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Friday links Feb 8: the impact of going to the Maldives, skills training in Liberia, plastic bag removal in San Fran and more...

David McKenzie's picture

·         Early results from a skills training program for young women in Liberia show massive increases in employment and earnings – although a randomized pipeline design whereby the control group get the treatment about one year after the treatment group raise concerns about strategic delay by the control group and how long-term impacts could be measured.

·         The impact of going on holiday to a nice place – the treatment group got sent to the Maldives, Peru, or Thailand! Impact is to cut blood pressure, increase sleep, and help recuperation from stress. N=12 so obviously this study needs to get redone on a larger scale with me in the treatment group – I’m also happy to have smaller N and larger T in this case!

·         Steven Landsburg covers work by a student on the job market who looks at how stress and effort when applying for one job depend on having a job offer in hand.

·         The impact of San Francisco’s grocery plastic bag ban is an increase in emergency room visits for E coli infections – Tim Taylor covers a new paper showing this, with a couple of striking figures. So wash those recyclable bags people!

·         Revisiting the RAND health experiment 30 years on – the latest issue of the Journal of Economic Perspectives has a paper re-examining the $295 million health insurance experiment which looks at how individuals’ utilization of health care services varies with their level of health insurance coverage – and the difficulties of moving from treatment effects to price elasticities when contracts are nonlinear. “At the time of the RAND Health Insurance Experiment, it was vigorously argued that medical care was determined by “needs,” and therefore was not sensitive to price…the RAND experiment was instrumental in rejecting this view…Our reexamination concludes that despite the potential for substantial bias in the original estimates stemming from systematically differential participation and reporting across experimental arms, one of the central contributions of the RAND experiment is robust: the rejection of the null hypothesis that health spending does not respond to the out-of-pocket price….it will always be the case that, like the famous – 0.2 price elasticity of demand estimate produced by the original RAND investigators, any attempt by researchers to apply the experimental estimates out of sample will involve more assumptions—and hence scope for uncertainty—than the direct experimental estimates themselves.”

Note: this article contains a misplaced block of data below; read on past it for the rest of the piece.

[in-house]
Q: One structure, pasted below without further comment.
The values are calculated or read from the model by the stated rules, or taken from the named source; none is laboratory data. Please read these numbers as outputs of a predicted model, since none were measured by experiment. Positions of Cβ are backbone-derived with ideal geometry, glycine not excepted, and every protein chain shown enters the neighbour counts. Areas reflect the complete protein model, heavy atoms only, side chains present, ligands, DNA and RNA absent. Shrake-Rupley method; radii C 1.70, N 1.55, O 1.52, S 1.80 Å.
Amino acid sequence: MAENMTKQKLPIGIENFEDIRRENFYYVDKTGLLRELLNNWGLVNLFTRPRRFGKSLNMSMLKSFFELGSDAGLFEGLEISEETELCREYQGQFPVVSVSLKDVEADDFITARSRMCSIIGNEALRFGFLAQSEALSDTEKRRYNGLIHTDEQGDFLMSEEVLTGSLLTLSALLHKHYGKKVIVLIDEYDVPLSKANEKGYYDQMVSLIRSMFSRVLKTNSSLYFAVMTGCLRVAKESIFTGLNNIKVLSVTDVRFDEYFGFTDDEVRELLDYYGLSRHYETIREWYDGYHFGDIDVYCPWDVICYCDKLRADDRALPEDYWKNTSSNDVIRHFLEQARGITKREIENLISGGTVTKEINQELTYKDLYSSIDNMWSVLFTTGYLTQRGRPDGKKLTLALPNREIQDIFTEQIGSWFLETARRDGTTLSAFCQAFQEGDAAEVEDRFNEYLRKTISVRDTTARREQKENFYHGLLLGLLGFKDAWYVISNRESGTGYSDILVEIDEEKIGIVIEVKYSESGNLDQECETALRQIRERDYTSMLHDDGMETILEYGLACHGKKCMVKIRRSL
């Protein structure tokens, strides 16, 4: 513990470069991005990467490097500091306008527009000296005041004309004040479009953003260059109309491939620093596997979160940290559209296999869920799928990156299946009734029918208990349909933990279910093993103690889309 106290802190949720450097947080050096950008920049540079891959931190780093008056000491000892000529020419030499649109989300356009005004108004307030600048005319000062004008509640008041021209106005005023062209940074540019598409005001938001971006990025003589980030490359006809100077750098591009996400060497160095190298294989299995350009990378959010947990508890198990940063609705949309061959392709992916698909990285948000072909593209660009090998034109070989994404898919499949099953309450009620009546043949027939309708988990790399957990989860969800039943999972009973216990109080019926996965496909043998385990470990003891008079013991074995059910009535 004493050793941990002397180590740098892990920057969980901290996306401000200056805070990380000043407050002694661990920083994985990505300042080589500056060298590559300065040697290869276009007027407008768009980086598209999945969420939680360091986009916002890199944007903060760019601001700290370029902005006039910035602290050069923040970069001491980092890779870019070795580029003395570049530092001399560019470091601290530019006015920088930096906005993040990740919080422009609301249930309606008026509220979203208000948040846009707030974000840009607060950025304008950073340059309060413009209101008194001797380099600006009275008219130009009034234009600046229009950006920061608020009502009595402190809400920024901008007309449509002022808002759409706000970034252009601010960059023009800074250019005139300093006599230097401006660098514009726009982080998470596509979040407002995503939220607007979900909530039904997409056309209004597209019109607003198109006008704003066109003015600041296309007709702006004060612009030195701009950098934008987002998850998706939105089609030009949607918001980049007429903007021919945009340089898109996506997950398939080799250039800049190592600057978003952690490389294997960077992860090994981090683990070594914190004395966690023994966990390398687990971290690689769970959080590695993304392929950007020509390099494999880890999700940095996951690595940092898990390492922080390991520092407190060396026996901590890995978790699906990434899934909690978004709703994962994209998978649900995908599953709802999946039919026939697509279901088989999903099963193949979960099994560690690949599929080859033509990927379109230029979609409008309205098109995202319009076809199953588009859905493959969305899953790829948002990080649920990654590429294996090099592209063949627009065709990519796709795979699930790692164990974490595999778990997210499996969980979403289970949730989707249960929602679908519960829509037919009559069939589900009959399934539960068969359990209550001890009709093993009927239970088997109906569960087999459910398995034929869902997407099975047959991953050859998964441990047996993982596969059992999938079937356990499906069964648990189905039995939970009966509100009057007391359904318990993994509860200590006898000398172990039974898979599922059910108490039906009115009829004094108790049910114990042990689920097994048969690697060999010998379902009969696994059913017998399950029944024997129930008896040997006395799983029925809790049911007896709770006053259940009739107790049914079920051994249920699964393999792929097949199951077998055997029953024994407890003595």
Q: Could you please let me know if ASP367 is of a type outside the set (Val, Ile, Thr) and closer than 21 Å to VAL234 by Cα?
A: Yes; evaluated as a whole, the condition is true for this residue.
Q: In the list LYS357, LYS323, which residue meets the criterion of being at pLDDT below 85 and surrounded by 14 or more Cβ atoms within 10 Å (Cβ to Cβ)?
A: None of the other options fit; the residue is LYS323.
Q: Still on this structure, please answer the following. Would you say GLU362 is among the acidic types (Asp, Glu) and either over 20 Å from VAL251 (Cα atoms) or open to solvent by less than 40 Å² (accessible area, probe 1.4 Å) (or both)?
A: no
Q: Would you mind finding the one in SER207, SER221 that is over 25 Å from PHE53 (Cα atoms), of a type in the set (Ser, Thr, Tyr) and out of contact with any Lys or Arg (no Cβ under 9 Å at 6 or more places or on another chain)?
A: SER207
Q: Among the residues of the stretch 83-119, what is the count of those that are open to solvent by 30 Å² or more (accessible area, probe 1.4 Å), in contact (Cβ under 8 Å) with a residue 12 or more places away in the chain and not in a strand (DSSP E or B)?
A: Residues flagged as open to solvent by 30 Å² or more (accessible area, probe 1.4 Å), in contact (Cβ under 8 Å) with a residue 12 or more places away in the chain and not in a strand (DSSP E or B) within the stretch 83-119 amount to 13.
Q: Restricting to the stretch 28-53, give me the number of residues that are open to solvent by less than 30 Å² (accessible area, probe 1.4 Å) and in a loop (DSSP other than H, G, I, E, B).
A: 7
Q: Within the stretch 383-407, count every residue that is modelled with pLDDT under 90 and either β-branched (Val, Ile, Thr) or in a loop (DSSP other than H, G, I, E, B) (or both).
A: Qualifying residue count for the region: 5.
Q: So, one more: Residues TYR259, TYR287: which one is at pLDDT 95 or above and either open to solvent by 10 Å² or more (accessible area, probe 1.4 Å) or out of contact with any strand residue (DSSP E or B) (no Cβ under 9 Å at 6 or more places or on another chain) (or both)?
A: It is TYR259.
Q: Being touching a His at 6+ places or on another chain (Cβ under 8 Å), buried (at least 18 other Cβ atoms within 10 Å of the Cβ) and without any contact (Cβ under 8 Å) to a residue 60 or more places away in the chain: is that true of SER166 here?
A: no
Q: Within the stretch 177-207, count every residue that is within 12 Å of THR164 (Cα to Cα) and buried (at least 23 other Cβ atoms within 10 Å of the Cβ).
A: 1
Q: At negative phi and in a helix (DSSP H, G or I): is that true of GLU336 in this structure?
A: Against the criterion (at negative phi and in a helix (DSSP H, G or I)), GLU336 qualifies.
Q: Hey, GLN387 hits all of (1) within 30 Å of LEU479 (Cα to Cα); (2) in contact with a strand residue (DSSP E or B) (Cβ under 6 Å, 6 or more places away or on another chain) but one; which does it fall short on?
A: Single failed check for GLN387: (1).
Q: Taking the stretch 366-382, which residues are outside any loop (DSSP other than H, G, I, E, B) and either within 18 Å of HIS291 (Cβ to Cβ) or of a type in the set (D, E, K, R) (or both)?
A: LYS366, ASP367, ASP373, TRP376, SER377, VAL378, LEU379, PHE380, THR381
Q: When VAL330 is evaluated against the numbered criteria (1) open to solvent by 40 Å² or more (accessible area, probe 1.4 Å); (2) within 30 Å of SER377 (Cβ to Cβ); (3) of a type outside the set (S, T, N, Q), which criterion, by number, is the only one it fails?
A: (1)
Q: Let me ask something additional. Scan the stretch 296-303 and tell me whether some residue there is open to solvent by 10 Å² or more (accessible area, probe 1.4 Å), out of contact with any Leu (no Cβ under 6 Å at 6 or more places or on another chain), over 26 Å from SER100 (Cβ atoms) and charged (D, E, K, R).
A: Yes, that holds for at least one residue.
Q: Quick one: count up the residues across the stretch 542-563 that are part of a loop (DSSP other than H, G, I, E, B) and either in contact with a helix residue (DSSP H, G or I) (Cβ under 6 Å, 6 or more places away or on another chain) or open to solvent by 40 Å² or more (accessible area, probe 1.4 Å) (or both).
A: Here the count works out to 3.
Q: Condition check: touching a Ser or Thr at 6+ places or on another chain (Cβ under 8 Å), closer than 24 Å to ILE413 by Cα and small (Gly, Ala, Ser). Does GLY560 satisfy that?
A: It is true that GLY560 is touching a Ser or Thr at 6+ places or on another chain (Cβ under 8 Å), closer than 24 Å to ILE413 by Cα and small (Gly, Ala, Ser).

·         Looking for a summer development conference in Paris? Call for papers for the DIAL development conference, focused on institutions and development (papers due next week)

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